UMass Boston Students Spend Spring Break in Peru

Office of Communications | March 09, 2012
Picture of Peruvian girl carrying buckets.


Students to Construct Aqueduct for Village Without Running Water

Twelve University of Massachusetts Boston students left Friday for Peru, where they will be spending their spring break constructing a water system in Santa Rosa de Huacaria, a small village of 160 located in the Andes Mountains that has never had running water.

The Beacons Voyages for Service (BVS) program, part of the Office of Student Leadership and Community Engagement, gives students the chance to take part in service trips outside of Boston.

Catriona Grant, a senior nursing major from Duxbury, is the student leader for the Peru trip. Grant, who led a trip to the Dominican Republic last year through the BVS program, said she was looking for an opportunity to make a direct impact on a community. After Jennifer Goode, the office administrator for the Office of International and Transnational Affairs and the staff advisor for the trip, told Grant about the work of a clean water consulting agency run by one of Goode’s former Peace Corps colleagues, Grant knew she had found that opportunity.

According to a 2012 report by the World Health Organization (WHO) and the United Nations Children's Fund (UNICEF), 21 percent of the Peruvian population who didn’t have access to safe drinking water in 1990 now have that access, but Grant says there is still work to be done.

“Of the almost 29 million people living in Peru, approximately 5.3 million people don't have access to safe water and 9.2 million don't have access to improved sanitation services,” Grant says. “The opportunity to reduce that number, even if just slightly, is what truly drew me to spend my spring break in Peru.”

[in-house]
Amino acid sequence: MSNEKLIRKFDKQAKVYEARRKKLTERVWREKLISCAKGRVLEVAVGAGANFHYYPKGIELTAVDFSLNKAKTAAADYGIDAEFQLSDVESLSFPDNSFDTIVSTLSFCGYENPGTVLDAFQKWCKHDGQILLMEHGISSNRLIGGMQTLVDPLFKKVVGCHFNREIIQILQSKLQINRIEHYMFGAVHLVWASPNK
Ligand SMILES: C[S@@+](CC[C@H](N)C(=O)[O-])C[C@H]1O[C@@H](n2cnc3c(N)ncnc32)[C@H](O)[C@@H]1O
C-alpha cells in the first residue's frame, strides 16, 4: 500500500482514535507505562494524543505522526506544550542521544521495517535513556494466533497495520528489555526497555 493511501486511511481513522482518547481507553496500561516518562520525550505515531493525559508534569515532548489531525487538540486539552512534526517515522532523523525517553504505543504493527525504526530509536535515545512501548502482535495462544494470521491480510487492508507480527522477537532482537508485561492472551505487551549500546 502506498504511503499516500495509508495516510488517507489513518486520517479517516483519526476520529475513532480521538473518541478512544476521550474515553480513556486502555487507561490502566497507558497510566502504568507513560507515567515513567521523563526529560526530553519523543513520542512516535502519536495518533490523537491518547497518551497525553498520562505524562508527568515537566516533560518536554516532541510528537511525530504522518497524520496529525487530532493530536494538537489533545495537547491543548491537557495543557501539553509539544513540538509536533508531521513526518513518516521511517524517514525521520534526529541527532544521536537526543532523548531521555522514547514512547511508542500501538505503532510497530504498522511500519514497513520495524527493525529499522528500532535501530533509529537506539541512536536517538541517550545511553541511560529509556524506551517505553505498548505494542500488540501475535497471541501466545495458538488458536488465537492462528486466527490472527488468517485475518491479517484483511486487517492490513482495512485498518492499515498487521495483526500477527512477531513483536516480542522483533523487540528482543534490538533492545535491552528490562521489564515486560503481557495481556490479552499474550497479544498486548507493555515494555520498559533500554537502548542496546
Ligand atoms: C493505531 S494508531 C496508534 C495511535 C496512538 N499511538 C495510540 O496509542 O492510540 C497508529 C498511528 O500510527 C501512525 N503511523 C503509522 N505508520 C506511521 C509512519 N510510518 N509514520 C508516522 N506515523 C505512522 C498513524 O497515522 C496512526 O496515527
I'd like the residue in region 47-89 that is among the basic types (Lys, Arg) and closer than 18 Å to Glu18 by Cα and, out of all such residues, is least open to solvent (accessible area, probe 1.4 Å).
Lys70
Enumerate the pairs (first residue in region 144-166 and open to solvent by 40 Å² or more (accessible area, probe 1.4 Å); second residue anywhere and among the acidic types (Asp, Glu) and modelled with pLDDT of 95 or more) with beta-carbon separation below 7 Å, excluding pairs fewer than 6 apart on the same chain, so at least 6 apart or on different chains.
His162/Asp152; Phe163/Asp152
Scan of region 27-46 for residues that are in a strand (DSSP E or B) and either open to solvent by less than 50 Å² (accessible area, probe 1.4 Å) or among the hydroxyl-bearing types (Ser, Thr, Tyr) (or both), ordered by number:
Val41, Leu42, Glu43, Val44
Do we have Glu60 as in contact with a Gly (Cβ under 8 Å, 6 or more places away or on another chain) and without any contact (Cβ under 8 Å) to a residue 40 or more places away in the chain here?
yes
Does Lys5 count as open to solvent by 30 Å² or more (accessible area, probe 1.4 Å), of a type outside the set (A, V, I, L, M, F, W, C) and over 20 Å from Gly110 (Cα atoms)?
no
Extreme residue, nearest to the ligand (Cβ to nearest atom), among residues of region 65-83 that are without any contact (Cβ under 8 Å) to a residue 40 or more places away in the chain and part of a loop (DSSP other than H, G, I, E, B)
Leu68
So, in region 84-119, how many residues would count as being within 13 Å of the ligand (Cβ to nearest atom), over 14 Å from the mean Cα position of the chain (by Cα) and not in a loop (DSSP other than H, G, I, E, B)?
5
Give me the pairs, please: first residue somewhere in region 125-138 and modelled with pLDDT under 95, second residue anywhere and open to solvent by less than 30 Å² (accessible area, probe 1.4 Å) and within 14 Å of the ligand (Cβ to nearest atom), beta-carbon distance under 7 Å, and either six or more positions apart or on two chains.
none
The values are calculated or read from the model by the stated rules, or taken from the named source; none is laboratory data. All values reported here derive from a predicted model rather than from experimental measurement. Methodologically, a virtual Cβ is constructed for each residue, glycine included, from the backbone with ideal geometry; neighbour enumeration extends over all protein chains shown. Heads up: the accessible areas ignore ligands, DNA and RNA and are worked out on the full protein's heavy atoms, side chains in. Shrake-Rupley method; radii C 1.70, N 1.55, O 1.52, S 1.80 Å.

According to WHO and UNICEF, more than 3,000 children worldwide die each day from diarrhoeal diseases. Of these deaths, the organizations say 88 percent are due to poor drinking water, lack of sanitation, and poor hygiene, and that improved access to water is key to improving those numbers.

Grant says the UMass Boston students will be working with a project manager and villagers from Santa Rosa de Huacaria to construct drainage canals and learn the craft of palm thatching as they build a roof over shower and toilet facilities.

“I hope to gain a further appreciation for the many things that the majority of us Americans take for granted on a daily basis, with one of those things being our incessant access to clean running water,” Grant says. “I hope to learn from the local people of Santa Rosa de Huacaria and take life-long memories home with me to Boston.”

The other student participants include Christie Volkernick, Izzy Pullido, Evita Gonzalez, Franci DaLuz, Kerri Babbitt, Caleb Nelson, Conor Curran-Cross, Suzy Cosgrove, Liz Kernan, and Laura Benitez.

About UMass Boston
With a growing reputation for innovative research addressing complex urban issues, the University of Massachusetts Boston, metropolitan Boston’s only public university, offers its diverse student population both an intimate learning environment and the rich experience of a great American city. UMass Boston’s eight colleges and graduate schools serve nearly 16,000 students while engaging local, national, and international constituents through academic programs, research centers, and public service activities. To learn more about UMass Boston, visit www.umb.edu.

Comments (1)

Posted by Joane Guillet | March 15, 2012 - 2:50 p.m.

You go Catriona and the rest of the BVS Peru Team!!!


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